Use S-parameters to describe crosstalk
Once this noise gets on an adjacent transmission line, it will propagate just like any other signal and eventually arrive at the ends of the line. A receiver connected to the end will see this crosstalk eating into its signal’s noise budget. In low-level analog applications, as little as 0.01% crosstalk might be tolerable, while in high speed digital applications, as much as 5% crosstalk may be acceptable.
Unfortunately, in many interconnect systems, signal levels from crosstalk can easily exceed 10% of the wanted signal, which will increase the system’s BER (bit error ratio or bit-error rate). Characterizing the amount of crosstalk from an aggressor line to a victim line can often be an important diagnostic in identifying, and eliminating the possible root cause of bit errors.
S-parameter formalism, developed to describe the microwave properties of interconnects, offers a natural way of describing crosstalk for applications from the audio frequency range to the millimeter-wave frequency range. After all, each S-parameter element is really the ratio of a sine wave coming out of one end of an interconnect compared to a sine wave going into another. In a collection of transmission line structures, many of the S-parameter terms are a direct measure of the line-to-line crosstalk. The same formalism can be extended to differential pairs as well.
A coupled-transmission line test vehicle
To illustrate the use of S-parameters to describe crosstalk, a simple test vehicle was constructed with four coupled transmission lines, as shown in Figure 1. Their ends are labeled with index numbers from 1 to 8. Connected to each end is a port, which can be thought of as a short 50-Ω transmission line terminated in 50 Ω. The recommended port assignment to be used to measure this DUT (device under test) has through connections set up as port 1 to port 2, 3 to 4, 5 to 6 and 7 to 8.
Figure 1. Photo of the four coupled transmission lines used in this example with their ends labeled with the recommended port assignment. Each line is about 11 inches long when unwound.
Each S-parameter matrix element for this DUT is the ratio of the sine wave coming out of a port to the sine wave going into a port. With eight ports, there are 8 x 8 = 64 different combinations of going-ins and coming-outs. The S-parameter matrix formalism is used to keep track of each of the combinations. The index number of each matrix element identifies which is the coming-out port and which is the going-in port.
For example, S21 is the ratio of the wave coming out port 2 compared to the wave going in port 1. This specific term, for historical reasons, is referred to as the insertion loss. It has information about the attenuation of a signal traveling through the interconnect.
As the ratio of two sine waves, each S-parameter matrix element is a complex number, described by either a real and imaginary value or a magnitude and phase. The magnitude is the ratio of the amplitudes of the wave coming out to the wave going into the port, using 50 Ω as the impedance of each port.
Most of the S-parameter terms are a direct measure of the crosstalk between ports. The crosstalk of a sine wave entering port 1 on one transmission line and coming out port 3 of an adjacent line is labeled as S31. The relative crosstalk for a signal entering port 1 and coming out the other end of the adjacent line at port 4 is labeled as the S41 matrix element.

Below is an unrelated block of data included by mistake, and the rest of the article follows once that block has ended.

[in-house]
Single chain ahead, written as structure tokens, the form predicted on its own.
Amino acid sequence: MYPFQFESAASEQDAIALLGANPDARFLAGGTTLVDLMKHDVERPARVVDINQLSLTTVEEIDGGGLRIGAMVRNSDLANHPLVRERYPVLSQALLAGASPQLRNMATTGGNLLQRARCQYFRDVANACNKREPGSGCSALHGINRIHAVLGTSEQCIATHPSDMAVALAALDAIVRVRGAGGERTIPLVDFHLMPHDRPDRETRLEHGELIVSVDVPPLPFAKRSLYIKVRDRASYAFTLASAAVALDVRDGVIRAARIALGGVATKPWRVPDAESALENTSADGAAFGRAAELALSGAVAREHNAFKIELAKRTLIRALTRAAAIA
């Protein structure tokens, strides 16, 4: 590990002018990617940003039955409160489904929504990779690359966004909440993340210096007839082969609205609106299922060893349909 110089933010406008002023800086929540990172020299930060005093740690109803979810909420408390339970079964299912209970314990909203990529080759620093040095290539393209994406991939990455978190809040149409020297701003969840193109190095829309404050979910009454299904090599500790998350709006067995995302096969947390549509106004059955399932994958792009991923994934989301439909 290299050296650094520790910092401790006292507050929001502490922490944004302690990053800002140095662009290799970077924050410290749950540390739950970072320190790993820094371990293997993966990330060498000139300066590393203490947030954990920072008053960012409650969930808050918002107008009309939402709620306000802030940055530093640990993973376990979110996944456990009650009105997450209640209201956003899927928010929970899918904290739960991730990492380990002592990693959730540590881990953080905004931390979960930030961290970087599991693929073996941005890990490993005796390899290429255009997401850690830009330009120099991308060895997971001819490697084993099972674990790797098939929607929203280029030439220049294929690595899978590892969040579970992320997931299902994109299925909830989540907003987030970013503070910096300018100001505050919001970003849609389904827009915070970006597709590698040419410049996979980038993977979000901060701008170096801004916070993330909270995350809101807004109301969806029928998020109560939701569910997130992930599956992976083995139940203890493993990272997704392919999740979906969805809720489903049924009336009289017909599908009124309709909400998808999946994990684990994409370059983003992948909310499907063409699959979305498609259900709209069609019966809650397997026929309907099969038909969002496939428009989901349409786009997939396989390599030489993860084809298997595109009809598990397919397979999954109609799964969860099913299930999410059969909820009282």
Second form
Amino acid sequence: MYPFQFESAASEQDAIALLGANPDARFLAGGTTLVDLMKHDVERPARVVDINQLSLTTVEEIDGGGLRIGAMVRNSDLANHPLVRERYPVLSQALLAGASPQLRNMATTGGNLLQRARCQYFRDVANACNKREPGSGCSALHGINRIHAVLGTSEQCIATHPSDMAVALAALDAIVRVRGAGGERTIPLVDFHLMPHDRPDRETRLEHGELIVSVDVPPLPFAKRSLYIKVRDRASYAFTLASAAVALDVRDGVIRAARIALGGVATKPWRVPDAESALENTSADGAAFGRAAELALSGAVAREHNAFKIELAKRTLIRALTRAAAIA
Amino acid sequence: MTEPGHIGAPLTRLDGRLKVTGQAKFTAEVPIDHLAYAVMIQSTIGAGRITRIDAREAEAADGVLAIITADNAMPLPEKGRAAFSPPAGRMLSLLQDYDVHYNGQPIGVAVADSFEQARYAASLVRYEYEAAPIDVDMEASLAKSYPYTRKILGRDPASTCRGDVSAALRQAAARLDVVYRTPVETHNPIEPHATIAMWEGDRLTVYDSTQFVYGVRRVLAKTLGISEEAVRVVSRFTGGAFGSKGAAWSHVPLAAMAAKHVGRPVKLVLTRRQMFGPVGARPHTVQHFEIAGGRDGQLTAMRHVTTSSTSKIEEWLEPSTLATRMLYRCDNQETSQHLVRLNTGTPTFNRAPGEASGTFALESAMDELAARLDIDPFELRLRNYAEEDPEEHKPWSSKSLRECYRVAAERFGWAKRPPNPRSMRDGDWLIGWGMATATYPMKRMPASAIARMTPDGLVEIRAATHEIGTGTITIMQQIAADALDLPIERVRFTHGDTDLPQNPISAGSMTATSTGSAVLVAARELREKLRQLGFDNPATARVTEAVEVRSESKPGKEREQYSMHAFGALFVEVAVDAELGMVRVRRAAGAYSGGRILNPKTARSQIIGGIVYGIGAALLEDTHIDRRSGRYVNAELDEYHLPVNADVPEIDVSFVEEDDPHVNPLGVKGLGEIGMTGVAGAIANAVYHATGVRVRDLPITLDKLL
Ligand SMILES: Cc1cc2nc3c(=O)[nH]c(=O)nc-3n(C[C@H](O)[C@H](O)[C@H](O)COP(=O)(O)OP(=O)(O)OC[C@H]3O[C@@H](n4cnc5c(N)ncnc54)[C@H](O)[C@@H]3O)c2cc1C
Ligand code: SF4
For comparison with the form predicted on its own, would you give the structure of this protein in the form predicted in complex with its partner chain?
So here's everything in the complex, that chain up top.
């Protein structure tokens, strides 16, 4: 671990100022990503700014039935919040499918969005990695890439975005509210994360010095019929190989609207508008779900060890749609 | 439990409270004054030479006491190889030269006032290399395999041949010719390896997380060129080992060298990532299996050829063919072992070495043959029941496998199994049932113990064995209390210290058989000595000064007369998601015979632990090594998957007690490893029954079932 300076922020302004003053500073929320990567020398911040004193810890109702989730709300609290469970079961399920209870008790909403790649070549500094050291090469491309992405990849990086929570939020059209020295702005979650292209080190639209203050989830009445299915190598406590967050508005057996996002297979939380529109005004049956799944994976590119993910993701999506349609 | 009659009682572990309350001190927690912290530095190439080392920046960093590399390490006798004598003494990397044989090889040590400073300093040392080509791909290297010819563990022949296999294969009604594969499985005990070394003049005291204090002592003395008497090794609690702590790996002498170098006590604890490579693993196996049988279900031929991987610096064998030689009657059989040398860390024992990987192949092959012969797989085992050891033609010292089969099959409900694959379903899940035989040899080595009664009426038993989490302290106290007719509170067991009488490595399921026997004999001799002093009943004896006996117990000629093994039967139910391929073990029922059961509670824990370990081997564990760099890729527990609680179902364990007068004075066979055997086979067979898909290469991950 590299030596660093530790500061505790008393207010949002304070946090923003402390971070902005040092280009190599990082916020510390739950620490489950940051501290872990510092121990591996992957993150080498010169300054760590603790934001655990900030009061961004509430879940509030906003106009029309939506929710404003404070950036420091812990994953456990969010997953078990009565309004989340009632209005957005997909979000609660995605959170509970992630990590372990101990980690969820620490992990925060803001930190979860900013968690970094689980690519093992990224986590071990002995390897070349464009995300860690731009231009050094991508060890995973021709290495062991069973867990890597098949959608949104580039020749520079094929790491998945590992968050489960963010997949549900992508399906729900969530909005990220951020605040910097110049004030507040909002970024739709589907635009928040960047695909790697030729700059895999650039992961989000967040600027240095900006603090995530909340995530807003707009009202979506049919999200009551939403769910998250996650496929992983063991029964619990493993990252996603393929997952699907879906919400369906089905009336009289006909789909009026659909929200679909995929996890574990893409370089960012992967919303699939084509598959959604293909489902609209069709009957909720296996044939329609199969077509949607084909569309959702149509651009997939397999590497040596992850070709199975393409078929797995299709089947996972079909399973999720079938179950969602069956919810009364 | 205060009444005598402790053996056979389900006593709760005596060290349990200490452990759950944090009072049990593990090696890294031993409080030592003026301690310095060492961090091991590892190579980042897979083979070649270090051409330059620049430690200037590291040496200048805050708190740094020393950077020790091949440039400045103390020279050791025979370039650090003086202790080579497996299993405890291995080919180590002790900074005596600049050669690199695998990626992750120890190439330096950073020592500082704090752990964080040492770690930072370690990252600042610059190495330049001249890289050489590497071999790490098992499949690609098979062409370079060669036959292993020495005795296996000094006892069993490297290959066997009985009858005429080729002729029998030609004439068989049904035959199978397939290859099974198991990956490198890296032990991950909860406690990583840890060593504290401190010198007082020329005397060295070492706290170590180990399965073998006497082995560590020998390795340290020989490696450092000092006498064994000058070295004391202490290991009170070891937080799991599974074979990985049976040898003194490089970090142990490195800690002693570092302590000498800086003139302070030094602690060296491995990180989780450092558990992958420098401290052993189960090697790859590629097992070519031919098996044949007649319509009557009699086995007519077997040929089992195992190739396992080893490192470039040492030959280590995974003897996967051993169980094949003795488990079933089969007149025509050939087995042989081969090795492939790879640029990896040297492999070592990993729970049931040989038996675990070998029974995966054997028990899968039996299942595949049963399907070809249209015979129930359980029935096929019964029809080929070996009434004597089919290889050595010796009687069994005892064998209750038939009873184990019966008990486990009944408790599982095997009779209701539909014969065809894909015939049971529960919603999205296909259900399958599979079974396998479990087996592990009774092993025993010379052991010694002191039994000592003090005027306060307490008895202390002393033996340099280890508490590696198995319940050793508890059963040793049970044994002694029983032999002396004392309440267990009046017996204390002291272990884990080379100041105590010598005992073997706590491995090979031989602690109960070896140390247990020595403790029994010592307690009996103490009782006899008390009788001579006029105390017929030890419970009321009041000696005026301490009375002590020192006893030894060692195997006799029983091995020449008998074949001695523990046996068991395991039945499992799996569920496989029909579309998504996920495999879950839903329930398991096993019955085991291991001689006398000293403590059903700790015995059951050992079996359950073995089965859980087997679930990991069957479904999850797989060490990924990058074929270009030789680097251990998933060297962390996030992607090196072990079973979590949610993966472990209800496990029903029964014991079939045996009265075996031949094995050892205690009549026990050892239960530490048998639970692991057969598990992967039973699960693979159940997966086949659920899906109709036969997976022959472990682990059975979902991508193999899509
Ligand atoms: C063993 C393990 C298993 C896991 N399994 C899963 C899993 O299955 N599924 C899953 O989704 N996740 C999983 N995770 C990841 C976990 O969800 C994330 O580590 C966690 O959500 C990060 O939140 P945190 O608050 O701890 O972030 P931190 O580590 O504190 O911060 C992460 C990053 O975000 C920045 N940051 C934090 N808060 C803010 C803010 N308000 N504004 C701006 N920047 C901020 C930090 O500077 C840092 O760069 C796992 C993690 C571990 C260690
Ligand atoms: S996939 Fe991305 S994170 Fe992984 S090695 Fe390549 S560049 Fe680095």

Crosstalk can be subtle
Even at “low” frequency, the crosstalk between two adjacent lines often depends on which end of the victim line we look. Backward propagating crosstalk is the sum of capacitive and inductive coupling while forward propagating crosstalk is the difference between capacitive and inductive coupling. We would expect S31 not to be the same as S41. Figure 2 shows these two S-parameter terms when measured with a LeCroy SPARQ Signal Integrity Network Analyzer. Even at 20 MHz, the near and far end crosstalk are different, with the S31, near end crosstalk, larger than the S41, far end crosstalk.
Figure 2. Crosstalk to an adjacent line measured with a LeCroy SPARQ Signal Integrity Network Analyzer. Left: horizontal scale is 1 GHz full scale. Right: horizontal scale is 20 GHz full scale. Vertical scale is the same: 40 dB full scale with 0 dB at the top of the plot.
This is yet another counter-intuitive property of the behavior of signals on interconnects. Even though S31 and S41 are measuring the crosstalk from the same source on the same interconnect, the noise appearing at each end of the victim line is radically different, especially above about 100 MHz.
It is not enough to specify how much crosstalk occurs between two lines. The direction in which the noise is traveling on the victim line must be specified as well. This is why the two ends of the victim line are labeled differently.
Using the S-parameter notation, S31 is the noise on the victim line on the end near the source and is referred to as the near end noise. Since the signal on the aggressor is propagating in the direction defined as the forward direction, the near end noise is also the noise propagating on the victim line in the backward direction from the signal.
The S41 term is the noise measured on the far end of the victim line, or in the forward direction. With tightly spaced microstrip transmission lines shown in Figure 1, the near-end noise reaches a peak value of only –13 dB, or 22% of the original signal, compared to the far end noise which peaks at about –4 dB which is 63%. These large values are an indication of how tightly coupled are these two transmission lines.
The formalism of S-parameters automatically takes into account which port the signal enters and each port in which it comes out. This makes S-parameters a natural tool to describe crosstalk.
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